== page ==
A measure of conflict during the teenage years of our children is common. We must expect disappointments along the way, and we must be longsuffering and ready to forgive and restore in the godly way of repentance and forgiveness. Our children are no less sinful than we are. There is continual need for loving correction and repeated encouragement of our children to do that which is right and pleasing to the Lord. This takes much grace from God for us as parents. We must pray for this grace also in the hearts of our children.

An excessive demand for secrecy in their life and rejection of parental oversight are often accompanied by an inclination of young people to go in the ways of worldliness and sin. Our young people need to be given the right of privacy in their lives, but this must be given at the right time and in the right measure. Our young people must be taught to live worthy of the trust and con­fidence of their parents. We must teach our young people to be open and sincere and truthful in their lives. When children have been taught this and also show this in their lives, parents reward them by honoring and trusting them with increasing freedom and independence. Mutual trust is so important during teenage years. Grievous viola­tion of this trust will often cause deep hurt and can be repaired only with a great amount of Christian love both of parents and young people themselves.

Powerful influences are coming into the lives of our young people today through the worldwide Internet and such modern devices as iPods and the increasingly power­ful cell phones with astounding capabilities for accessing all sorts of worldly philosophy and lifestyles. We as par­ents need to keep up with these things in a measure suf­ficient to exercise oversight of the lives of our teenagers. This is not easy because of the rapid pace of the develop­ment of these modern inventions of our times. The pace of this easily leaves parents behind in bewilderment.

We as parents must exercise oversight in the lives of our young people in the important area of friends they choose. Teenagers need friendship outside of the home and the immediate covenant family. This is a healthy development in their lives and should be encouraged by parents. Truly godly friendships will have a considerable influence in the lives of our young people.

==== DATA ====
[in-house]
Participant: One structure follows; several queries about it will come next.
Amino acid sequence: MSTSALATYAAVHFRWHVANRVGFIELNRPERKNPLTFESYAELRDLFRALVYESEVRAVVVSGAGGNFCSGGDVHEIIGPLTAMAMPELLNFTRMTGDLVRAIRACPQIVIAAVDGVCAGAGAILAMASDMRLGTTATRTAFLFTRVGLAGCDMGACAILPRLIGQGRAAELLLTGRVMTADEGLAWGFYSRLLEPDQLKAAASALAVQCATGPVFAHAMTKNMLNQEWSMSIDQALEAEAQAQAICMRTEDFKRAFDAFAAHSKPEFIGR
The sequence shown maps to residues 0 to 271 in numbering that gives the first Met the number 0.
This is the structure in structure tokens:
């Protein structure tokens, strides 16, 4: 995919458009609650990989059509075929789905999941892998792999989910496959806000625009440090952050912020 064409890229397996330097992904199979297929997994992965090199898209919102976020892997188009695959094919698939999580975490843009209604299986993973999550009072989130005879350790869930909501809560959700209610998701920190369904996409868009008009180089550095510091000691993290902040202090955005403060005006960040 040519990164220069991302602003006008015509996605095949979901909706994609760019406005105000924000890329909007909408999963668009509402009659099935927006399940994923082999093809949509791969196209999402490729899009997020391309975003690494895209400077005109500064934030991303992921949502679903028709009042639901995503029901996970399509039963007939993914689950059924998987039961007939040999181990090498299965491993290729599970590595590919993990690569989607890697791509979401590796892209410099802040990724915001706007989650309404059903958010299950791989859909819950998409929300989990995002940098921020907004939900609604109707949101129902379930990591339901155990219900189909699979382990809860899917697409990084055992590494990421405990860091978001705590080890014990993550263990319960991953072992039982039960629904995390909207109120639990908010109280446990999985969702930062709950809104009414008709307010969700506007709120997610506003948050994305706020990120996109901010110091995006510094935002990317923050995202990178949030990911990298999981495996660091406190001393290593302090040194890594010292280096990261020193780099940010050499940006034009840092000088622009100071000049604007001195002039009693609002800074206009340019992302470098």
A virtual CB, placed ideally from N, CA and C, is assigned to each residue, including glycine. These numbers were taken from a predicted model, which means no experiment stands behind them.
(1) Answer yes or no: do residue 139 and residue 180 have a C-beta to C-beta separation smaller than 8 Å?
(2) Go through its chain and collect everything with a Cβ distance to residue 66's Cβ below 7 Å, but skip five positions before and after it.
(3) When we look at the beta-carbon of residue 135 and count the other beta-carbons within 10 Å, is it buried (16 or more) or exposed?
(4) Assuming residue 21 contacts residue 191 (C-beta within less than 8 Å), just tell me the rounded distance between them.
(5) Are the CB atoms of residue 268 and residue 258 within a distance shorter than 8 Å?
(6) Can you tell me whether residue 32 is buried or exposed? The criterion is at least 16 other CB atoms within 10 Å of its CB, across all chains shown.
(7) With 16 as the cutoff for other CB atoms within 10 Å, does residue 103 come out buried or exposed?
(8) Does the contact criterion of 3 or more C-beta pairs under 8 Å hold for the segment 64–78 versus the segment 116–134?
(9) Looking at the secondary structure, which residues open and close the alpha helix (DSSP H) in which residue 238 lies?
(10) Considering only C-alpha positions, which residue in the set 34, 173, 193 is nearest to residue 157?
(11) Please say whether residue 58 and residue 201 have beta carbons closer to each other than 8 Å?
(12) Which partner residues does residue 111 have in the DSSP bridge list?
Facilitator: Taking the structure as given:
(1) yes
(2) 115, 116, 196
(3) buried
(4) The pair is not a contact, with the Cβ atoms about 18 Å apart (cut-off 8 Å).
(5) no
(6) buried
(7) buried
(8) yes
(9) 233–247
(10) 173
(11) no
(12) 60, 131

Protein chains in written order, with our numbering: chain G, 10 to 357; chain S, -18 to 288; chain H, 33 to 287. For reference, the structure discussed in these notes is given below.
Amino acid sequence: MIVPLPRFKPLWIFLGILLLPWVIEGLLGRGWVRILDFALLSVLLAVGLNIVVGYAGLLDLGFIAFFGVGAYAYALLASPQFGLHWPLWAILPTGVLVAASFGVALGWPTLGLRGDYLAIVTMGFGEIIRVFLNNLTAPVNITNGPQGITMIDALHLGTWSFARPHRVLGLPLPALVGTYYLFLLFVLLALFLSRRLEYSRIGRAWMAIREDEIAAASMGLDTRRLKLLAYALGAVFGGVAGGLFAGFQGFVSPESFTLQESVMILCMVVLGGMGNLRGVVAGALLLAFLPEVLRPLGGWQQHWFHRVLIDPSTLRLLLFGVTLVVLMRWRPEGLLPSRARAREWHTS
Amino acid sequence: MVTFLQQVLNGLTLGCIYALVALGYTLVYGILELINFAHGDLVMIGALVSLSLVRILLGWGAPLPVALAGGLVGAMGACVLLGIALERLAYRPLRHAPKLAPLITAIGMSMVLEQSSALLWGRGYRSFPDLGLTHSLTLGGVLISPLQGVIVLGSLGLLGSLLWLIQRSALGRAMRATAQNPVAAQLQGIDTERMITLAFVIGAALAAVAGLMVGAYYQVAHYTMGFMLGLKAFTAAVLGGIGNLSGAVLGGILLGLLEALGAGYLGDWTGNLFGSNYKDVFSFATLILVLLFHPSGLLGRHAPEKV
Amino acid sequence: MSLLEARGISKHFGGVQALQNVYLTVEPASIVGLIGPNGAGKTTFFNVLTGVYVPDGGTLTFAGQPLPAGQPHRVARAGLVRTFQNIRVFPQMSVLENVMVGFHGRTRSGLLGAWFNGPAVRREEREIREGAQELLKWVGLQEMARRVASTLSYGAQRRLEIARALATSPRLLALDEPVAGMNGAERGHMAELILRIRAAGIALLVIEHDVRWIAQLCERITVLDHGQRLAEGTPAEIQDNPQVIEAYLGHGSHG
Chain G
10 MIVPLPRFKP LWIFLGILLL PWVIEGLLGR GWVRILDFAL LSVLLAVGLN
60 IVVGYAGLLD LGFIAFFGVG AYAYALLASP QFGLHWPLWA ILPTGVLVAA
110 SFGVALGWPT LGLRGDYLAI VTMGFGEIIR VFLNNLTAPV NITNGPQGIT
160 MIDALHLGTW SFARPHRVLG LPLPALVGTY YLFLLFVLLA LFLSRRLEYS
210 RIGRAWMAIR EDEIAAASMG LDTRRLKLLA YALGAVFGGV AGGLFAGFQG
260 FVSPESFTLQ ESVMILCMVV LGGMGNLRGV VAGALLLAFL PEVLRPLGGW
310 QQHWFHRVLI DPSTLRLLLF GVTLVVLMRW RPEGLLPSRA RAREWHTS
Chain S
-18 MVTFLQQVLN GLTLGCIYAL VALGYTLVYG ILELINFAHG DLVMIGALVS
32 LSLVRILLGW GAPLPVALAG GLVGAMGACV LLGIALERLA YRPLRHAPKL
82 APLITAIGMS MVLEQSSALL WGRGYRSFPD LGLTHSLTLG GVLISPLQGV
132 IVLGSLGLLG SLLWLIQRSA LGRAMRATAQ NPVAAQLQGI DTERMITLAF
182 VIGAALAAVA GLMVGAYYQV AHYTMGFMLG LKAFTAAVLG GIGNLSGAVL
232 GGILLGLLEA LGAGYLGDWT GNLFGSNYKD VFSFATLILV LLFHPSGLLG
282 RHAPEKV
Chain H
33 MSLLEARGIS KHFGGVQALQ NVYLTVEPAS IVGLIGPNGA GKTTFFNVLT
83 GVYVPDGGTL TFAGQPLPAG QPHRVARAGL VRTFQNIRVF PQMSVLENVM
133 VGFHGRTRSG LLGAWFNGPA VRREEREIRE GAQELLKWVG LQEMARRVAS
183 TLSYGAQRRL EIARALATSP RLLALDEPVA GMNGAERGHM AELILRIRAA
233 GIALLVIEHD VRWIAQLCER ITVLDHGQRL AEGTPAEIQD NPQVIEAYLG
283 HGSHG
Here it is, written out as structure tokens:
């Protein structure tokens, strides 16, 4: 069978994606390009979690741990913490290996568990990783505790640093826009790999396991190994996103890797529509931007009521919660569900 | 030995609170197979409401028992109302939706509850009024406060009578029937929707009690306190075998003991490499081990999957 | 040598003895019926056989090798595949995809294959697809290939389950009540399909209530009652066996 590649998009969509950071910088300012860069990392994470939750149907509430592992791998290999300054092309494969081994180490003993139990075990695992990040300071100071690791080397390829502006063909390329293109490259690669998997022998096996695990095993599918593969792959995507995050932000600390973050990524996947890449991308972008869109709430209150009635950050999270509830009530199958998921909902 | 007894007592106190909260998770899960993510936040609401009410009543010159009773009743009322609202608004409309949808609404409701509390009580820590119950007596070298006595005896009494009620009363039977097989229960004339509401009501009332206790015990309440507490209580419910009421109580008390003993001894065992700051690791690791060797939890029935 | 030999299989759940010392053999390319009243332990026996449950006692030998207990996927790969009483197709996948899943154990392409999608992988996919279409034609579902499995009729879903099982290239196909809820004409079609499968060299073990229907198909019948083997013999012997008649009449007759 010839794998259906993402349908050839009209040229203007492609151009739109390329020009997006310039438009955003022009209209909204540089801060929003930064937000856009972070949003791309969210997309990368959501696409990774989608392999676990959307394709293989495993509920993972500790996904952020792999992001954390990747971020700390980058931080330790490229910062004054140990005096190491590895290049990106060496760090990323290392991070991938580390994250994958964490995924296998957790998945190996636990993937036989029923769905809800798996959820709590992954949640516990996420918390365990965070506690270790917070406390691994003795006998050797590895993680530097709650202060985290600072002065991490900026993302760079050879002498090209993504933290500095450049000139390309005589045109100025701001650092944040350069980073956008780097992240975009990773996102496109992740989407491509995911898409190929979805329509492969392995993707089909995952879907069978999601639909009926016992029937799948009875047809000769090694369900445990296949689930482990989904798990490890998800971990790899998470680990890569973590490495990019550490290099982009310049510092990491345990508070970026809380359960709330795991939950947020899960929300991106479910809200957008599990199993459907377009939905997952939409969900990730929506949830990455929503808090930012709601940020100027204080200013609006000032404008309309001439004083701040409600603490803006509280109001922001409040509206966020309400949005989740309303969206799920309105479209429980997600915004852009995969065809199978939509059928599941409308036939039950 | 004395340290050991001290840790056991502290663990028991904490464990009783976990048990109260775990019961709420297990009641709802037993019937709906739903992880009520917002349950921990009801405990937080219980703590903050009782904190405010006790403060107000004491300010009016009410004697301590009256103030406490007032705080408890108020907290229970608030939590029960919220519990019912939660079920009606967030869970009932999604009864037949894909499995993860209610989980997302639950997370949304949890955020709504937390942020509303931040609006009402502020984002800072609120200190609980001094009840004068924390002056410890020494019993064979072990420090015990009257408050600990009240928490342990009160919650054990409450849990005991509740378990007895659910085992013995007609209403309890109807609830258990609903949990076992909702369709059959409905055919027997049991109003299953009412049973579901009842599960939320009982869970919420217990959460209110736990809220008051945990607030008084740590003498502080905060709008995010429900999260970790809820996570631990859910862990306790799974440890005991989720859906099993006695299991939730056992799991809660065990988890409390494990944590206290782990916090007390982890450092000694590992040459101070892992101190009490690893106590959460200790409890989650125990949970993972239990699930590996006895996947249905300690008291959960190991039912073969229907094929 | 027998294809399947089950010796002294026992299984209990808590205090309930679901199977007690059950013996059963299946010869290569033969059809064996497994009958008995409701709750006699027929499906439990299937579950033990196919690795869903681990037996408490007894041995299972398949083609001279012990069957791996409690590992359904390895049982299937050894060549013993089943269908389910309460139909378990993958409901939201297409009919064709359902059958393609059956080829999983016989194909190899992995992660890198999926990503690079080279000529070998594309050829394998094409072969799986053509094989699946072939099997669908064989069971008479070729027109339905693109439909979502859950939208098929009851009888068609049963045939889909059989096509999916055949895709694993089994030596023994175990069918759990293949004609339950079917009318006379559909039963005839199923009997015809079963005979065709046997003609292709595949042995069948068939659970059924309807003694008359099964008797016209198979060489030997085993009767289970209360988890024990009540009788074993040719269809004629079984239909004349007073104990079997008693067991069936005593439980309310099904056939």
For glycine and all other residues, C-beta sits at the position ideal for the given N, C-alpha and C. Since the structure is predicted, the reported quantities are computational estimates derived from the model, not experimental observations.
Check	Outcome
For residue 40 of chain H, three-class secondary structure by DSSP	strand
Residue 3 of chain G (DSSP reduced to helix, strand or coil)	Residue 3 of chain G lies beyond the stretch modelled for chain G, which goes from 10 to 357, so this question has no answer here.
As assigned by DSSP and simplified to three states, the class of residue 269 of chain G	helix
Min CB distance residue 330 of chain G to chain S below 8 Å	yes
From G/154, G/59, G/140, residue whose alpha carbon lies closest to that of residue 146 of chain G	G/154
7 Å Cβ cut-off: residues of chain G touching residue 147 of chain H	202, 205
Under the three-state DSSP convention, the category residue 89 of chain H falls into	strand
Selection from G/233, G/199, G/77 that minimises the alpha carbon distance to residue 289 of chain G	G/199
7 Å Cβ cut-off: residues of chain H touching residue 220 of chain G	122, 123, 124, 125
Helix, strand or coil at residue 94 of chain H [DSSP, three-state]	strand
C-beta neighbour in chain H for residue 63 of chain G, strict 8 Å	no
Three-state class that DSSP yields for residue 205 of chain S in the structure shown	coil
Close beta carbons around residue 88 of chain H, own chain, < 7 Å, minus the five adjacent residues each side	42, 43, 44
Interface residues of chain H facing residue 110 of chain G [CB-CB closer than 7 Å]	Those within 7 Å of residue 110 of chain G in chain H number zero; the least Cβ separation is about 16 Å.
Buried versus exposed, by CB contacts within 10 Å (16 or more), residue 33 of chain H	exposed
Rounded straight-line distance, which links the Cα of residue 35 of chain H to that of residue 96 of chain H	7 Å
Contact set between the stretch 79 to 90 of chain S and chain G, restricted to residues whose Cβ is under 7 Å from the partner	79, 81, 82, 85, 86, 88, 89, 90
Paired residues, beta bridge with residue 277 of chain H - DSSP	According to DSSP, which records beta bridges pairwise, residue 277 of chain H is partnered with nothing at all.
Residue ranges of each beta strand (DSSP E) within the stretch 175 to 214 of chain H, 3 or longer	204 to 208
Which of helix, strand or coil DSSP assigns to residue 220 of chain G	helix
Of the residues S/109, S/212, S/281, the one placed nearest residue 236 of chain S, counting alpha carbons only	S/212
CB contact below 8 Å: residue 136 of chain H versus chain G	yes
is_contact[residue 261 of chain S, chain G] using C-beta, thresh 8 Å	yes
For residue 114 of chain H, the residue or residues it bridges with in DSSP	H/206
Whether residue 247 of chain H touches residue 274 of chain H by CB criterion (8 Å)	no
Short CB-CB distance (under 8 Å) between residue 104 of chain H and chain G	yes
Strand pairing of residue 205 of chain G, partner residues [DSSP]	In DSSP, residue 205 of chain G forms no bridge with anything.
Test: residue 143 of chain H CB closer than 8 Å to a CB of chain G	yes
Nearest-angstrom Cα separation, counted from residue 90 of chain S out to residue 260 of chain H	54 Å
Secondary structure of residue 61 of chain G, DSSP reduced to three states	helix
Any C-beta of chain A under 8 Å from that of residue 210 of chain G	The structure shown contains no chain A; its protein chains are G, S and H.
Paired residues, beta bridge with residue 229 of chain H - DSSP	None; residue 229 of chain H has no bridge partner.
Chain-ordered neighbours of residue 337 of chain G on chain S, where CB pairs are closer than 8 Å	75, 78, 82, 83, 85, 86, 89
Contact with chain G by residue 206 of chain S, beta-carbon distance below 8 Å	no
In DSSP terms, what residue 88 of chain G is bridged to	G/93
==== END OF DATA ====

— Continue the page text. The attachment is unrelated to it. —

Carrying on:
In disciplining our teenage children, we surely ought not ignore the reality that at this time in their lives no­table changes take place in their sexual development and that very strong feelings are involved in this. There is a serious need for parental concern in this area. Parental neglect in it can have very serious consequences for young people. This is not a subject that is easy to talk about with our children. It is, however, increasingly urgent in our modern day to talk openly with our young people about this subject. Strong warnings must be given about the gross immorality of our times. Godly advice and wisdom must be given by parents in a personal way to their young people. Practices of dating and of behavior when young people are alone with a person of the opposite sex must be talked about. Warnings must be given regarding the power of the sex drive and its potential for bringing much shame and damage to the lives of our young people. We will by the grace of God do our young people a lot of good in their lives when these matters are properly dealt with in the disciplining of our children. Our young people must not be left with the foolish imagination that they can decide on their own how they will behave and that parents have no right whatsoever to ask anything regarding this area of their lives. This latter opinion is the foolish and wicked notion of the world that often leads to fornication and ungodly living.

During the teenage years of our children we have op­portunity to give them direction in the tremendously important area of the choice they make for marriage partners. They must be instructed that there are few areas of their present life that will have a more signifi­cant influence on their later life than their choice of a life partner. Children need to be deeply impressed with the importance of this and learn to appreciate the value of godly advice and discipline in this area. They should be urged to date within the sphere of the church and to do so only with those who show themselves to be truly godly in their lives as well as sound in their knowledge of the truth.

We have such an important calling as covenant parents when our children have grown up to be young people. May God give us grace not to neglect this calling but to be diligent and zealous for the great good of our covenant young people!